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Coaches make bad decisions in part because dum dum fans can’t understand simple stats

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It’s often been noted that coaches are much more likely to get fired for decisions that don’t work out that also violate the conventional wisdom than they are for decisions that don’t work out but at least adhere to the CW.

I give you Denver Broncos’ head coach Nathaniel Hackett:

Denver Broncos head coach Nathaniel Hackett almost made another awful decision against the San Francisco 49ers.

Hackett and the Broncos hired a time management coach of sorts in Jerry Rosburg this week, as the first-time head man had a tough time dealing with the ins and outs of in-game strategy. In due time, he will learn, but for now Hackett has an extra hand to help out when the situation calls for it.

Against the 49ers on Sunday Night Football, Rosburg convinced Hackett NOT to go for it on fourth down from his own 34-yard line. While some fans in Denver would’ve liked that aggressiveness, that’s far too close to his own goal line to make such a rash decision.

I don’t care if it’s fourth and inches. Going for it from your own 34-yard line is a rather large mistake that can backfire instantly, especially given how the Broncos were moving the ball on Sunday night.

The Broncos had fourth and two inches just short of their own 35, 12 minutes to go, down 10-5. Punting in that situation is completely idiotic. You know, according to the stats, which show teams are successful converting more than 80% of the time when they go for it in similar situations. The Broncos were at that point likely to get the ball back no more than twice, and they were going to have to score at least one touchdown, after scoring exactly zero in their first ten possessions. Giving up a possession because of a less than 20% chance of turning it over on your own 35 instead of on the 49er 25 (a punt is a turnover) makes no sense whatsoever.

This wasn’t the end of Hackett’s expertly advised horrible decisions though. When Denver got the ball on its own 42 with 2:06 to go and a one-point lead, Hackett decided that the smart thing to do would be to run the ball into a goal line defense three times in a row, so he could give the ball back to SF fifteen seconds later. Seriously SF had nine guys in the box on first down, TEN on second down, and backed off only slightly on third and nine. Calling three run plays there probably had about a 5% chance of getting a first down, as opposed to letting your $250 million QB take a shot at ending the game.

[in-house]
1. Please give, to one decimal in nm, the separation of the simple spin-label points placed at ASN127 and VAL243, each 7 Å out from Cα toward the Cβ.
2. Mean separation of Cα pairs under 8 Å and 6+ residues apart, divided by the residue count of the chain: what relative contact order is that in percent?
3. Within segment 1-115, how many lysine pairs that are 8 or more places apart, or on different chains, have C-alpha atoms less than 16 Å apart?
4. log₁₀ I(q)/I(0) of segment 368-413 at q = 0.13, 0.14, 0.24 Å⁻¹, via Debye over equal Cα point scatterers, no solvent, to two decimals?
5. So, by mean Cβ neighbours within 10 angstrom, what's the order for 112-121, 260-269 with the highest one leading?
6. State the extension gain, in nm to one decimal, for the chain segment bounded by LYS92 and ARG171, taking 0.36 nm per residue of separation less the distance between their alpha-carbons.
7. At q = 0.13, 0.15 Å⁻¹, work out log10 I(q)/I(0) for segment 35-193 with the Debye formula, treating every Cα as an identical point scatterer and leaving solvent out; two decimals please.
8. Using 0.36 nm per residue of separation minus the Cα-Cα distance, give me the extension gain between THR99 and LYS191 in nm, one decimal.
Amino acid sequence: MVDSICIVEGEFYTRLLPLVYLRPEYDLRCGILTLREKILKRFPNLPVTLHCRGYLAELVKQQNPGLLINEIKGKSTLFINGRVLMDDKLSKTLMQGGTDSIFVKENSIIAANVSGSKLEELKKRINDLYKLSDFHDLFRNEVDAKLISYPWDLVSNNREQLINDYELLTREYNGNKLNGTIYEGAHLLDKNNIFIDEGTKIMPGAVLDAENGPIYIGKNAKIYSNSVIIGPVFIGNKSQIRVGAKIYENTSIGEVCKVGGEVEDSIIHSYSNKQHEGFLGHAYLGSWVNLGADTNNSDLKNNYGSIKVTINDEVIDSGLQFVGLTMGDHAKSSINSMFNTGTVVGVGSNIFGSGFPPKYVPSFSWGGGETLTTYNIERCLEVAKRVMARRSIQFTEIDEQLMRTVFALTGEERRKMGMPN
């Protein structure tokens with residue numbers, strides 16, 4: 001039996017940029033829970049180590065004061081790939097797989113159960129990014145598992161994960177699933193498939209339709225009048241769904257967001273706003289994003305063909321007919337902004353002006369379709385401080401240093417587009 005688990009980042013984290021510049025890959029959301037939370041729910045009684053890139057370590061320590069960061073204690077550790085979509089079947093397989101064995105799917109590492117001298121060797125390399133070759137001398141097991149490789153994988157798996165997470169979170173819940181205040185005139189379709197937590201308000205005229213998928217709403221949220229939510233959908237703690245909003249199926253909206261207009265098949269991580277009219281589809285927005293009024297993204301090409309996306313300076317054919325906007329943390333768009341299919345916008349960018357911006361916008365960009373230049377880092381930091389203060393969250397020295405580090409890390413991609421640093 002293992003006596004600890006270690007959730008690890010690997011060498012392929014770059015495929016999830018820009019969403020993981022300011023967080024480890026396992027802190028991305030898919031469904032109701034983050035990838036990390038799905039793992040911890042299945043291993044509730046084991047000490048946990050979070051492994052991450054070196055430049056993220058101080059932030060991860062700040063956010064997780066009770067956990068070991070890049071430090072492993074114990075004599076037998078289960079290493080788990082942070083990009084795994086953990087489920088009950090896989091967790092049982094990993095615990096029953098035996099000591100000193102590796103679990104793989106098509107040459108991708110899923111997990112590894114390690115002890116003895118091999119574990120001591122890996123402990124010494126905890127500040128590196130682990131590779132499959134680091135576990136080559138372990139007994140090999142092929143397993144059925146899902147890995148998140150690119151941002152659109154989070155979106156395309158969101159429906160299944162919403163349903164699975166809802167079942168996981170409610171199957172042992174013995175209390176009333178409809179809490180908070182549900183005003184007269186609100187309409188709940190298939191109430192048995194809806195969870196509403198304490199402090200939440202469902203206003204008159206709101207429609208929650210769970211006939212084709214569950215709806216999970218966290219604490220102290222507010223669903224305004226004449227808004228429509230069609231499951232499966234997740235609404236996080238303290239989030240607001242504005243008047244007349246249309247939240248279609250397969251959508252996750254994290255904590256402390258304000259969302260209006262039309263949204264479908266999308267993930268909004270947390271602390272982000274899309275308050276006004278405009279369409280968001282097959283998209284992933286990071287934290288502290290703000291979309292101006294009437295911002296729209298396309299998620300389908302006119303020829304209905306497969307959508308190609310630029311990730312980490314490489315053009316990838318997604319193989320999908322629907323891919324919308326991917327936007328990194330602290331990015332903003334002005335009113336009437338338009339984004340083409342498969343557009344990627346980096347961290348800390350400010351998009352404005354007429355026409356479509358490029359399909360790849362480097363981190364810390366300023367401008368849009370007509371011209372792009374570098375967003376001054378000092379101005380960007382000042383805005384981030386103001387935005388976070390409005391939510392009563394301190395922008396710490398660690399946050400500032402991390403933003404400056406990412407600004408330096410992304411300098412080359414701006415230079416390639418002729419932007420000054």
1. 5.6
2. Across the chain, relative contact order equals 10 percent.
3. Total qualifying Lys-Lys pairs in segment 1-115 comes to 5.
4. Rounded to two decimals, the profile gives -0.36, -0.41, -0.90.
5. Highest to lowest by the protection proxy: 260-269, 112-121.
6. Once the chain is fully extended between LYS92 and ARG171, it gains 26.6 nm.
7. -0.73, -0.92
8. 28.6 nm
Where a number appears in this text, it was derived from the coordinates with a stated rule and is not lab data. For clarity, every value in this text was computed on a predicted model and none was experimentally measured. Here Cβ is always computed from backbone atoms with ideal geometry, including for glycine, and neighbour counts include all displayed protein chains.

The sequence made me wonder whether Hackett, who calls the plays, wouldn’t give Russell Wilson the option of checking out of one or more of those plays in that situation. The second down play was a sweep directly into ten guys, i.e., a play that Wilson could obviously see from the pre-snap read was totally DOA. So I assume he wasn’t allowed to change it. The result of all this is that Denver used up 15 of the remaining 126 seconds before giving the ball back to SF, with the 49ers and their great FG kicker needing just three points to win, which they probably would have done if not for a great strip fumble from the Denver defense, that won the game pretty much by itself seven different times. I mean giving an NFL offense, or maybe even the Lions, almost two full minutes with a time out still in hand to get the 55 or so yards they would need to get in Robbie Gold’s FG range is a horrible gamble, especially since coaches and fans both tend to forget how much harder it is to stop an offense that is using four downs on every series instead of three.

But it all worked out this time so I guess that shows why you can’t trust statistics. Or something.

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